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TV viewership pattern of urban audiences
MUMBAI: Primetime viewership in the urban Hindi-speaking markets (HSM) is skewed towards male as opposed to the all-India urban market, where the viewership split between male and female is almost equivalent with a skew towards female.
While the overall profile for India urban remains similar across all time bands, some demographics display a higher skew during late prime time. Male and female percentage of viewership is almost similar with a skew towards female in early primetime, according to a BARC analysis.
The age bracket of 22–40 years contributes around 40% of total viewership across all time bands. However, they also seem to have a higher inclination towards late prime time shows as compared to other age groups, according to the BARC study.
NCCS A and B, which contribute 50% to total viewership, report an increase in viewership for the late prime time. NCCS C, which contributes maximum viewership to the overall viewership, sees a skew towards early prime time.
In urban HSM, the overall viewership pattern is similar to all India; however, skew towards male is relatively higher. The 22–40 years age group continues to show inclination towards late primetime. Interestingly, even older age group 41–50 also shows similar inclination.
The trend among NCCS remains the same as India urban. While NCCS A and B show a growth in viewership for late prime time, NCCS C has higher contribution during early prime time.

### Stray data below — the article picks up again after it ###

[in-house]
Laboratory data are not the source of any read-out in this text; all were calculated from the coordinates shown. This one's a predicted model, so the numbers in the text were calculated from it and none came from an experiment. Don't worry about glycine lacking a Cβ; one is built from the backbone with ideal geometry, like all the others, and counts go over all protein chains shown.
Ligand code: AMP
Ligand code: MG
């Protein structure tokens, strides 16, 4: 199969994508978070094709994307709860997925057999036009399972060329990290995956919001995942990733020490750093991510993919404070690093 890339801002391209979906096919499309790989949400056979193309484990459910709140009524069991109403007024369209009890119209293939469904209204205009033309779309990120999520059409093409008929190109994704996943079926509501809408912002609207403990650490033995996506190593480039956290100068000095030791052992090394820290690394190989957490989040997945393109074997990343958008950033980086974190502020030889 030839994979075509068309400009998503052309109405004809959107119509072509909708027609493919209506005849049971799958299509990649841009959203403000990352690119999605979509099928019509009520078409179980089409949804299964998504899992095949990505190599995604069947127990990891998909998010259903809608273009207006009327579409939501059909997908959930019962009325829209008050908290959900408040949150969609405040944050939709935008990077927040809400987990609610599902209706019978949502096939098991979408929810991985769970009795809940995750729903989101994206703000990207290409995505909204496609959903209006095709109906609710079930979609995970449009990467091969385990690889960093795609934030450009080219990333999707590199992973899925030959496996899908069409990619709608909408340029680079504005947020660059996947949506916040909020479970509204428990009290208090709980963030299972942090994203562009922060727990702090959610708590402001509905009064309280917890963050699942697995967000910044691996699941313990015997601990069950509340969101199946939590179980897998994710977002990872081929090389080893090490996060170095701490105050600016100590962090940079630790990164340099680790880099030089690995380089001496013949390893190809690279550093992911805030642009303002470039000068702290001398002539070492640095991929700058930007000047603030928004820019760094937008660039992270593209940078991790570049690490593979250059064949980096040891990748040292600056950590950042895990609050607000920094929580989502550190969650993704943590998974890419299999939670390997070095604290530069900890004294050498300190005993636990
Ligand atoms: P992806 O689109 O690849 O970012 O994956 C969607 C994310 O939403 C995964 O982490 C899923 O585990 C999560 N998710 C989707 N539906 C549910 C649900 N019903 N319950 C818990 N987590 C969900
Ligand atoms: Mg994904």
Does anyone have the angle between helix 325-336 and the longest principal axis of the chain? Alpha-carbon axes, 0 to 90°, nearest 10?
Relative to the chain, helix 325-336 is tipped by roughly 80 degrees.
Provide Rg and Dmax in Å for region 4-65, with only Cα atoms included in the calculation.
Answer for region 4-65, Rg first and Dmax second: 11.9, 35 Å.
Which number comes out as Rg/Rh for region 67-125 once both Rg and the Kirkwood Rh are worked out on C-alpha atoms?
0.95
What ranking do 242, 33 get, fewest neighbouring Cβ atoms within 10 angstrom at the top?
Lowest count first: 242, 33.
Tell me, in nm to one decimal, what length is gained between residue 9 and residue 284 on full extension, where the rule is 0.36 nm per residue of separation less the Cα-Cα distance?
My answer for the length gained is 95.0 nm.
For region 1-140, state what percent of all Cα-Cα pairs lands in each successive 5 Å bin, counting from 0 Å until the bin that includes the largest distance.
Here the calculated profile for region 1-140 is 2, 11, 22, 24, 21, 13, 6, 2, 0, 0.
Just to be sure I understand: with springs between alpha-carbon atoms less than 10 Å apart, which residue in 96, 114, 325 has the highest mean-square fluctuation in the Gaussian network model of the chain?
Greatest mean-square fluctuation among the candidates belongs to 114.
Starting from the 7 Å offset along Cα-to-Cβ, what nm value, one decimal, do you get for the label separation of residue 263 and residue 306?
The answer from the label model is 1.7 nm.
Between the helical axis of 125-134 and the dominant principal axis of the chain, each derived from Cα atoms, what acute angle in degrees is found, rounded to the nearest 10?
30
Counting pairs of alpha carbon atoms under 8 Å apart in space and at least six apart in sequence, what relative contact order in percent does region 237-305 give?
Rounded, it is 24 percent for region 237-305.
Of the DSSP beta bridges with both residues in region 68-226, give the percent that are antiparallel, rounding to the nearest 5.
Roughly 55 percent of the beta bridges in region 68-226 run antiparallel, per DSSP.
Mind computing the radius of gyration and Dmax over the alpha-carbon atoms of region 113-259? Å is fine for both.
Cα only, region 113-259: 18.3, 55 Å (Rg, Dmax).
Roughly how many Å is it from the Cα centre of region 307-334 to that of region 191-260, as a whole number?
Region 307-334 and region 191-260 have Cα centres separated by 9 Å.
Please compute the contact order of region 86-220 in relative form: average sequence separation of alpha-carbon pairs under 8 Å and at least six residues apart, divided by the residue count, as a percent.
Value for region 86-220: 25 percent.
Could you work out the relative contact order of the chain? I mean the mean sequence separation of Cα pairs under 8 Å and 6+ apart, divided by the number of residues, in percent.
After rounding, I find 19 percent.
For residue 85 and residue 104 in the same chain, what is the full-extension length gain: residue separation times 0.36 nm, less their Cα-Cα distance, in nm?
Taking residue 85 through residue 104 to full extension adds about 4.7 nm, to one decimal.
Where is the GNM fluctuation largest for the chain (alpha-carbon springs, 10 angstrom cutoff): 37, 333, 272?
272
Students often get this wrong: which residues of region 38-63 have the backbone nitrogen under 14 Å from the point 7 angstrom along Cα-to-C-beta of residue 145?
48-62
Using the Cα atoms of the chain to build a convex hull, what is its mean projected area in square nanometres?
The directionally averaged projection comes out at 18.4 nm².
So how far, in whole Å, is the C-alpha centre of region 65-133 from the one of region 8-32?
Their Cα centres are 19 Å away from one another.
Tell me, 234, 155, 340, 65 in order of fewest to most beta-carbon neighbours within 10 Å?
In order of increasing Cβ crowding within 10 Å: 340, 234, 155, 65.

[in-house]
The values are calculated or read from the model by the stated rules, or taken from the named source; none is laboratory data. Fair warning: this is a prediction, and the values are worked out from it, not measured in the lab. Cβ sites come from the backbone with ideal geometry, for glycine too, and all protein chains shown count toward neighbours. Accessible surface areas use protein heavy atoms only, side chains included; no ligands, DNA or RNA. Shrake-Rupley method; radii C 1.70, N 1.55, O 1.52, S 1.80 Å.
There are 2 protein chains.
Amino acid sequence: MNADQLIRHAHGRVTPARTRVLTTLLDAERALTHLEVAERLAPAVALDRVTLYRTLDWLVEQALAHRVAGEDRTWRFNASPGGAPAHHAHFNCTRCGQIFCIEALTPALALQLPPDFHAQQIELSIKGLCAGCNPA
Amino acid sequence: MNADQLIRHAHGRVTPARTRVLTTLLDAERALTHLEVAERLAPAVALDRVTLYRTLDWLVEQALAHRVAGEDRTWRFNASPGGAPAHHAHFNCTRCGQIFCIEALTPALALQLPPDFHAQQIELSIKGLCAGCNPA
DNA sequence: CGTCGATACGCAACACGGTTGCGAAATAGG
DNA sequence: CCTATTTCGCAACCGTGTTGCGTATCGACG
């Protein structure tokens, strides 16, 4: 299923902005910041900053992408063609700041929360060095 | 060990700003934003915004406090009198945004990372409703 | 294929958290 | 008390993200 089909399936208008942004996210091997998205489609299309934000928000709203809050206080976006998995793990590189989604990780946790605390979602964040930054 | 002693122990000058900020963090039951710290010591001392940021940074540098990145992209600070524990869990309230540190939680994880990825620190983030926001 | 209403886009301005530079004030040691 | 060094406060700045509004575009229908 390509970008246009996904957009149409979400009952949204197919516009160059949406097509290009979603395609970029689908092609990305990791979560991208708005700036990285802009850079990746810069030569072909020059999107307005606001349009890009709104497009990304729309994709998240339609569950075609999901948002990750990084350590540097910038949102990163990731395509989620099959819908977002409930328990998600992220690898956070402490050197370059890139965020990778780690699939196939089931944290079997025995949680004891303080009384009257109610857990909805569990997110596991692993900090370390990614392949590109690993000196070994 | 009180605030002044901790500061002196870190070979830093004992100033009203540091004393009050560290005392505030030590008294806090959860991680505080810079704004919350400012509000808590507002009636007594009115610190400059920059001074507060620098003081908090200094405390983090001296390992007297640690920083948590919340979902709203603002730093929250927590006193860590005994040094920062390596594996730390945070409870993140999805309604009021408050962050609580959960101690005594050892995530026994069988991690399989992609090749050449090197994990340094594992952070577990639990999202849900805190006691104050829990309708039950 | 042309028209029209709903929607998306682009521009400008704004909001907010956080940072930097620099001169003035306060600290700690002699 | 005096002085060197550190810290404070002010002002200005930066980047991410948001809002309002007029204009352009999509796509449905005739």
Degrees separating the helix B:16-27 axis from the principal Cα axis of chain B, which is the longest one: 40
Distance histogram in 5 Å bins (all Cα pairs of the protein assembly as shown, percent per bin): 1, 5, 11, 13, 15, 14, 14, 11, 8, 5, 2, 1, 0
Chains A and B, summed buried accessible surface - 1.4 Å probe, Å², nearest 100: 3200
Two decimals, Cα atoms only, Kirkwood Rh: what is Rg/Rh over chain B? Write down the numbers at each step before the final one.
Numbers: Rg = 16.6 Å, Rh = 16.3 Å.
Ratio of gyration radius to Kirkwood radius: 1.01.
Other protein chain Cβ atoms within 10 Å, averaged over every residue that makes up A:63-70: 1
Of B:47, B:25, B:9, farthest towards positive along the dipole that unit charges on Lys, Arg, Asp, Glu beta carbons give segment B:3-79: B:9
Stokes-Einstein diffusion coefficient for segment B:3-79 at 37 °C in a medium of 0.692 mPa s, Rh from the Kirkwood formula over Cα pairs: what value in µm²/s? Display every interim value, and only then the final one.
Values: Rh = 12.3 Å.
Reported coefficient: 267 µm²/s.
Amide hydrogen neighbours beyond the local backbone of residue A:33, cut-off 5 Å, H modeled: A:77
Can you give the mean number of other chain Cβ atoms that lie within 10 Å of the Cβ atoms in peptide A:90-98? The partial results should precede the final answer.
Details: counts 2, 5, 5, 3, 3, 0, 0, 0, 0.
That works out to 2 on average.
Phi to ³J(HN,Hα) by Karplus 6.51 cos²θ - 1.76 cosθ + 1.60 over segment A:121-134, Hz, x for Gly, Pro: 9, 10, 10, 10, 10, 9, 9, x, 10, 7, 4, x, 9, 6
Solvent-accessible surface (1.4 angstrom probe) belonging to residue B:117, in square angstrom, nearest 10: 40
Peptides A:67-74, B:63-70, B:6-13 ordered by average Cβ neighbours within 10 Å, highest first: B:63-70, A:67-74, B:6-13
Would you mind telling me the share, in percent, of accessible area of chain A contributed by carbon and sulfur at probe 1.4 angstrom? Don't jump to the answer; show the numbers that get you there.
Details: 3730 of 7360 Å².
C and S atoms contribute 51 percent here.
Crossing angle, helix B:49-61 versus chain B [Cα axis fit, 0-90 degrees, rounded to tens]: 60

BARC’s new analysis puts the spotlight on viewership pattern in urban markets. The TG for the report is 4+, for the period Week 41 to Week 31, from Monday to Sunday.
The study further reveals that India urban has higher impression and reach in absolutes while HSM sees a sharper growth in core prime time, which is 8–12 pm, compared to India. Also spike in prime time lasts till later in HSM.
India and HSM have similar average time spent (ATS) except during 10–12 pm when the ATS for HSM is higher than India. Overall viewership for early prime time is higher week on week, with highest viewership during 9–9.30 pm. The viewership begins to drop from 11 pm onwards.
The core prime time bands figure high on both reach and OTS, the study noted.
The late prime time sees a drop as the day progresses. From 10.30 to 12 pm, each hour has a lower reach and ATS than the previous one. The late-night band has more of miscellaneous content. Conversely, it has lower serial and news/business content.
According to the study, time bands 8.30–9 pm and 9–9.30 pm within prime time could be called ‘Super prime time’ as they have noticeably higher Reach.
In urban HSM and urban India, male audiences seem to be winning the fight for the remote with Female audiences during later stage of the prime time (23:00 onwards).
General entertainment channels (GECs) have the maximum reach and ATS, followed by movies. While news has high reach, it is the lowest in terms of ATS.
Conversely, the kids genre has low reach but is relatively higher on ATS.
Sports, being a property driven genre, sees low reach and ATS when averaged across weeks. However, during big-ticket events, both the reach and ATS for sports tends to see an increase.
Overall de-growth observed in late prime-time bands across genres. Late primetime viewership for GEC has started rising from Wk 22 and is still growing for the time band 22:00–23:00 hours.